Social censure is one of the prescribed punishments in the U.S.S.R. According to the Russian Penal Code2, "social censure shall consist in a public expression by the court of censure of the guilty person and, if necessary, in bringing this to the notice of the public through the press or other means".

1. Articles 42, 52 and 54, Colombian Penal Code.

2. Articles 21(9) and 33, R.S.F.S.R. Penal Code.

4.18. Indian Precedent.-

In India, this form of punishment is not unknown. Under the Prevention of Food Adulteration Act1, "if any person convicted of an offence under this Act commits a like offence afterwards, it shall be lawful for the court before which the second or subsequent conviction takes place to cause the offender's name and place of residence, the offence and the penalty imposed to be published at the offender's expense in such newspapers or in such other manner as the court may direct". A similar provision for publishing the name of a defaulting assessess is made in the Income-Tax Act2.

1. Section 16(2), Prevention of Food Adulteration Act, 1954.

2. Section 287, Income-Tax Act, 1961.

4.19. The Foreign Exchange Act1 enacts that rules under the Act may-

"(c) provide, subject to such conditions as may be prescribed, for the publication of the names and other particulars of persons who have been found guilty of any contravention of the provisions of this Act, or of any rule, order or direction made thereunder."

The Gold Control Act2 has a provision for publicity (modelled on a similar one in the Customs Act).3

1. Section 27(2)(c), Foreign Exchange Regulation Act, 1947.

2. Section 71, Gold Control Act, 1968.

3. Section 120, Customs Act, 1962.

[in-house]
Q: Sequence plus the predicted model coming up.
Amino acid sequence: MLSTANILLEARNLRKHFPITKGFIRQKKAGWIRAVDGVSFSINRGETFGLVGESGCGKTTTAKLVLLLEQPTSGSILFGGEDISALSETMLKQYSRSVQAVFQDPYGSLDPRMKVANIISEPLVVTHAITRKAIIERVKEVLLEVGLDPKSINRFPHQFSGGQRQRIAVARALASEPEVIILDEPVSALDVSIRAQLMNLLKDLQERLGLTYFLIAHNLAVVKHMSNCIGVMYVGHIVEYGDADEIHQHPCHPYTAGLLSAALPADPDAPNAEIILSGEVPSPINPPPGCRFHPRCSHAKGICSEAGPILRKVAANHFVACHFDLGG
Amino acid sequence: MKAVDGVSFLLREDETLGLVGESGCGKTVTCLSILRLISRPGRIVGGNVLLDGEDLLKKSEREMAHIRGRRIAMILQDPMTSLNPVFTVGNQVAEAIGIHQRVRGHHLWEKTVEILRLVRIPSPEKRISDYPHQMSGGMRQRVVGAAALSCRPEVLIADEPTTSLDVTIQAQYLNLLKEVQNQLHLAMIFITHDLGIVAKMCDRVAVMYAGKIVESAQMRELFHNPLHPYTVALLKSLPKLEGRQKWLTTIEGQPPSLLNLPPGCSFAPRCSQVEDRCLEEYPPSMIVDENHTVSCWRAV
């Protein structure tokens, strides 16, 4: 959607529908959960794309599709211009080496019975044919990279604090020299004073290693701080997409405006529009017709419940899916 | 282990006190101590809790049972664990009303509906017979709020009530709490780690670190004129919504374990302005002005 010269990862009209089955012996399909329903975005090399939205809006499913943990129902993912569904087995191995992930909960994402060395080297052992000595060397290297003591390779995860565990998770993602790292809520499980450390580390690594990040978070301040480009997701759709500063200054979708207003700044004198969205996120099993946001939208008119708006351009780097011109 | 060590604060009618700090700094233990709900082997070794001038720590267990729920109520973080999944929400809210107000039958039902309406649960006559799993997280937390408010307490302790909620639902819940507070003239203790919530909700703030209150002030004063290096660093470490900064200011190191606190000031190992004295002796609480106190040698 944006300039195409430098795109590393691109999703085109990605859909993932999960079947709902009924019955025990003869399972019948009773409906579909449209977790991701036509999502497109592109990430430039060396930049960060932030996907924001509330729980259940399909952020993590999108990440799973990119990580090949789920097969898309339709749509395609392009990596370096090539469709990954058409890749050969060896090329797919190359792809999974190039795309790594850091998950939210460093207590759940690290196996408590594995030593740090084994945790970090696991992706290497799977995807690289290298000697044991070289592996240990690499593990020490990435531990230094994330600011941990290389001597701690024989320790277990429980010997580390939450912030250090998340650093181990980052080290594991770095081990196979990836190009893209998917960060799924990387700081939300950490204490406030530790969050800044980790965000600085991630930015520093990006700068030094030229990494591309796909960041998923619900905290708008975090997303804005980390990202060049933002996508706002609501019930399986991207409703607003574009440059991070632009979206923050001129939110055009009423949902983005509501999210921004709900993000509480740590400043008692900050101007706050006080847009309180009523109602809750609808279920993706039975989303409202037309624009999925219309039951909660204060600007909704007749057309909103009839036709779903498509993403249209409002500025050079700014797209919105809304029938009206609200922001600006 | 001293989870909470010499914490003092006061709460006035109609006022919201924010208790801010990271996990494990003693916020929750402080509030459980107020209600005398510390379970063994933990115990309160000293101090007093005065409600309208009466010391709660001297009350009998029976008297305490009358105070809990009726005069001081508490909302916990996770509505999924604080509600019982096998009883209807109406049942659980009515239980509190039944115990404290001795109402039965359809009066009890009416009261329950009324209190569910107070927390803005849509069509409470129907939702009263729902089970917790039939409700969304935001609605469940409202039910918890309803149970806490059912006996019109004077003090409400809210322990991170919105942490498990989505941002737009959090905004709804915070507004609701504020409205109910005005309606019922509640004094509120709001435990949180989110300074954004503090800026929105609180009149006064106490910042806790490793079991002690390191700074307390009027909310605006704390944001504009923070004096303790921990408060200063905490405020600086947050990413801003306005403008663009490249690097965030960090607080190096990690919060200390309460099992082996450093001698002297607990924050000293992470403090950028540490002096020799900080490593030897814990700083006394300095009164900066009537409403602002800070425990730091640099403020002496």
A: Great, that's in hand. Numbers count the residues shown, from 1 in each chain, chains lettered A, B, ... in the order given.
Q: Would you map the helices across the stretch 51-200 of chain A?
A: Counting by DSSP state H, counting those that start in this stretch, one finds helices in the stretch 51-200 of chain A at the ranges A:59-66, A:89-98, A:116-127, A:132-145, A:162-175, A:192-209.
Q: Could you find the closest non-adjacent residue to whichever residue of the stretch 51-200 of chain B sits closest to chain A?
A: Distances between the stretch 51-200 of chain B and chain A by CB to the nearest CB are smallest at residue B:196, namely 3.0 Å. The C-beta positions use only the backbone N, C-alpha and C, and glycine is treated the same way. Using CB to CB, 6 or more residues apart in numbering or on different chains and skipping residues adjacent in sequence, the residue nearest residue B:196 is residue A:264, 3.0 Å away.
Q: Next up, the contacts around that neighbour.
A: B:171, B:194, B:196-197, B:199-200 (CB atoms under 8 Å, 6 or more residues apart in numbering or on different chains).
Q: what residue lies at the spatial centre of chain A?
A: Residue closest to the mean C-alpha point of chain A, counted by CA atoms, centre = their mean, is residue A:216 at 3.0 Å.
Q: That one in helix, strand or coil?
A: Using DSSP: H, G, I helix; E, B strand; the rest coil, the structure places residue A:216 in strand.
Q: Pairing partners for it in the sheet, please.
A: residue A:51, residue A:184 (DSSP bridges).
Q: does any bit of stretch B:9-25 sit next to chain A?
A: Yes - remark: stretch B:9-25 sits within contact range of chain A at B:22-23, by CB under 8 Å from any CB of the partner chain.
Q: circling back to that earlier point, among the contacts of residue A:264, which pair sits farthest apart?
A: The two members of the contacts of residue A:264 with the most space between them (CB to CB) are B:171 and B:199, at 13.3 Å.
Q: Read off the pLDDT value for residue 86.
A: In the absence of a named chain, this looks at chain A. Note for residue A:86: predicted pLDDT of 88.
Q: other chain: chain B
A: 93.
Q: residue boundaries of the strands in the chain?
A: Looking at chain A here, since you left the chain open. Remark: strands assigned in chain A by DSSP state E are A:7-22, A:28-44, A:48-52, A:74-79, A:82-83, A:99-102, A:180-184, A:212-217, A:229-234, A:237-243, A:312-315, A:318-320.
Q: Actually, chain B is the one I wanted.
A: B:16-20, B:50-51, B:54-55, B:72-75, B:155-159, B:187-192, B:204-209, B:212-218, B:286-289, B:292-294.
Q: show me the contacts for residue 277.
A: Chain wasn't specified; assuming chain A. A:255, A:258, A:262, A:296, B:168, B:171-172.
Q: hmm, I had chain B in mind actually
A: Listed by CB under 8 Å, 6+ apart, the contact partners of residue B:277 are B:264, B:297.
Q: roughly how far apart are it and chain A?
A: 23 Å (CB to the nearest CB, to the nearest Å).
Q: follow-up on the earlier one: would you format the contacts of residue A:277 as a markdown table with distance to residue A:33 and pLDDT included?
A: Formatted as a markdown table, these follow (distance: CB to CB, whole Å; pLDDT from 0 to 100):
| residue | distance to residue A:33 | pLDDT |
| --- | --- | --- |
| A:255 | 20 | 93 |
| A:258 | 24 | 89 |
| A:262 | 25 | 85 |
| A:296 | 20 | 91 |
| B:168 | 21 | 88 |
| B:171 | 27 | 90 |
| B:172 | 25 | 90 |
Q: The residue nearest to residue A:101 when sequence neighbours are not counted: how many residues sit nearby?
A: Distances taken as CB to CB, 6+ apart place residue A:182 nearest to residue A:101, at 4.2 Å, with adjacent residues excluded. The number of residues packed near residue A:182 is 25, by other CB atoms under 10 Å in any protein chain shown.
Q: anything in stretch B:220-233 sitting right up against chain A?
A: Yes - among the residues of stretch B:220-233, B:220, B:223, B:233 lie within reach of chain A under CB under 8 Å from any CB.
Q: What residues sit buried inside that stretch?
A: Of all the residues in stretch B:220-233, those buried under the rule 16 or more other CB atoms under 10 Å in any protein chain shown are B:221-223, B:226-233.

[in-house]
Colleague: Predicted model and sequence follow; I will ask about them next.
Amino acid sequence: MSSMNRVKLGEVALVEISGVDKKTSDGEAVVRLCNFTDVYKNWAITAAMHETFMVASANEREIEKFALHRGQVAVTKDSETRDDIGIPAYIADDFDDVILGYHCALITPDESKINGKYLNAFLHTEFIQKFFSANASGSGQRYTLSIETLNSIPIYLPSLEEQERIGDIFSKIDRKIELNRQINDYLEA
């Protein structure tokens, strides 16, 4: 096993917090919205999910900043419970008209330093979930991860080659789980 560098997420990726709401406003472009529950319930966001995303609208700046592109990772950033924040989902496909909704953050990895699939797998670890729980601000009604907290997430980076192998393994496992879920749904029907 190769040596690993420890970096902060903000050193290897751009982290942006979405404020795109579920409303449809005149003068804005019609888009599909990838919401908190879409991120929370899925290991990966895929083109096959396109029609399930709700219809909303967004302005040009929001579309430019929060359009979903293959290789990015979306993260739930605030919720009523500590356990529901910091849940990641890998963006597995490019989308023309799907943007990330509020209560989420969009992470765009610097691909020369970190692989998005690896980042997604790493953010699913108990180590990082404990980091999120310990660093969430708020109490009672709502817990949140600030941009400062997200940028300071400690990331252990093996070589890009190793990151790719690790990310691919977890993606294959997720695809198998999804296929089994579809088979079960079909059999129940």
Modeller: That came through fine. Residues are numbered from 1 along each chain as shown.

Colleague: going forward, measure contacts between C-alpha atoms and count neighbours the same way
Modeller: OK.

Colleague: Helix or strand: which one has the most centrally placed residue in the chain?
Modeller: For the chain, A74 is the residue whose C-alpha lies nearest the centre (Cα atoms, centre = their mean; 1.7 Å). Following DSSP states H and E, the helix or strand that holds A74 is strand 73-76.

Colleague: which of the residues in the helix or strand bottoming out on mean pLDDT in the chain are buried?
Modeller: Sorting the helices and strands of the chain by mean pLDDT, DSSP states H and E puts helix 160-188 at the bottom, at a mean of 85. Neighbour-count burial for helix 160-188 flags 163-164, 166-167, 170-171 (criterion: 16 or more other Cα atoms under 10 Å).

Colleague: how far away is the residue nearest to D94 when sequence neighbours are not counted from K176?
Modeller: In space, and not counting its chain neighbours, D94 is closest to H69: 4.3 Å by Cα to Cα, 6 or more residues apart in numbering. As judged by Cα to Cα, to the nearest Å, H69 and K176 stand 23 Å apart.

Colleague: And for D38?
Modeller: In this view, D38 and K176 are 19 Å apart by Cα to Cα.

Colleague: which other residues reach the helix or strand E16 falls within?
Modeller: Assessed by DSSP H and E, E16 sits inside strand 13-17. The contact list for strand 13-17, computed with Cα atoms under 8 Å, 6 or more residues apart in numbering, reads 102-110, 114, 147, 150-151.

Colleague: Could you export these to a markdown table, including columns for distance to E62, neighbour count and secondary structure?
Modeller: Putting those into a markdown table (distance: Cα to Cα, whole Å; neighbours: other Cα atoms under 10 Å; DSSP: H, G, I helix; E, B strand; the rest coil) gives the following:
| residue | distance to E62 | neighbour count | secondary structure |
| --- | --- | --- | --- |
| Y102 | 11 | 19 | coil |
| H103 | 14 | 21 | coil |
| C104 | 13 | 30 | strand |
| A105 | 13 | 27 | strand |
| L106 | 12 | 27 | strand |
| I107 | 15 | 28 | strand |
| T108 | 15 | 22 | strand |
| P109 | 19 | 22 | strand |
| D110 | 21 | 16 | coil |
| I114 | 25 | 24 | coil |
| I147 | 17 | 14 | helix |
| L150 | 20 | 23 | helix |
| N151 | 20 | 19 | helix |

4.20. It may also be noted that one of the forms of punishment provided in the Hindu Criminal Law, was social censure arising out of the wide publication of the guilt of the offender and his identity. Thus, in Narada Smriti (about 6th century A.D.), parading a convict on an ass along public streets was provided as one of the punishments, for a Brahmin committing the offence of 'sahasa' (violence). The relevant verse1 can be translated thus-

"10. Shaving his head, banishing him from the town, branding him on the forehead with a mark of the crime of which he has been convicted, and parading him on an ass, shall be his punishment."

1. Narada Smriti Sacred Books of the East, Vol. XXXIII, Chapter 14, Sloka 10.

4.21. Though such a punishment would be a 'degrading' form of punishment which is prohibited by the International Covenant on Civil and Political Rights,1 and is otherwise uncivilised and barbarous, publicity and social censure can be achieved by providing for publication of the names of the offenders in respect of certain crimes.

1. Article 7, International Covenant on Civil and Political Rights.

4.22. One meets with a variety of forms of publication of the particulars of the offence as a punishment. In the Prevention of Food Adulteration Act, for example, it is ordered by the Court. In the Income-Tax Act, on the other hand, the power is given to the Central Government1. One of the Provincial Acts2 had a provision under which a dealer convicted of black marketing could be required to fix a board outside his place of business, announcing the fact of his conviction. In all these cases, the common element is to bring to the society's knowledge, and to impress upon the convict, in a forceful manner, the guilt which led to his conviction. On the other hand, some foreign Codes employ public censure as a substitute for imprisonment. The provision in the East German Code3 may be quoted-

"37. Public reprimand.-(1) Public reprimand is pronounced if a lesser crime has not caused any major harmful effect or, in spite of heavy damage, the offender, whose guilt is of a minor nature, demonstrates that from now on he will conduct himself in a responsible manner.

1. Section 287, Income-Tax Act, 1961.

2. West Bengal Black Marketing Act, 1948, section 20.

3. The East German Penal Code, section 37. The text is taken from Law and Legislation in

(2) By means of a public reprimand the court expresses to the offender its disapproval of his action with a view to exhorting him conscientiously to fulfil his duties towards socialist society.

(3) The court may state in the sentence that the penalty is not to be recorded."

So far as the present context is concerned, it is, in our view, appropriate to employ it as a form of censure, and leave the question to the discretion of the Court rather than to the Central Government.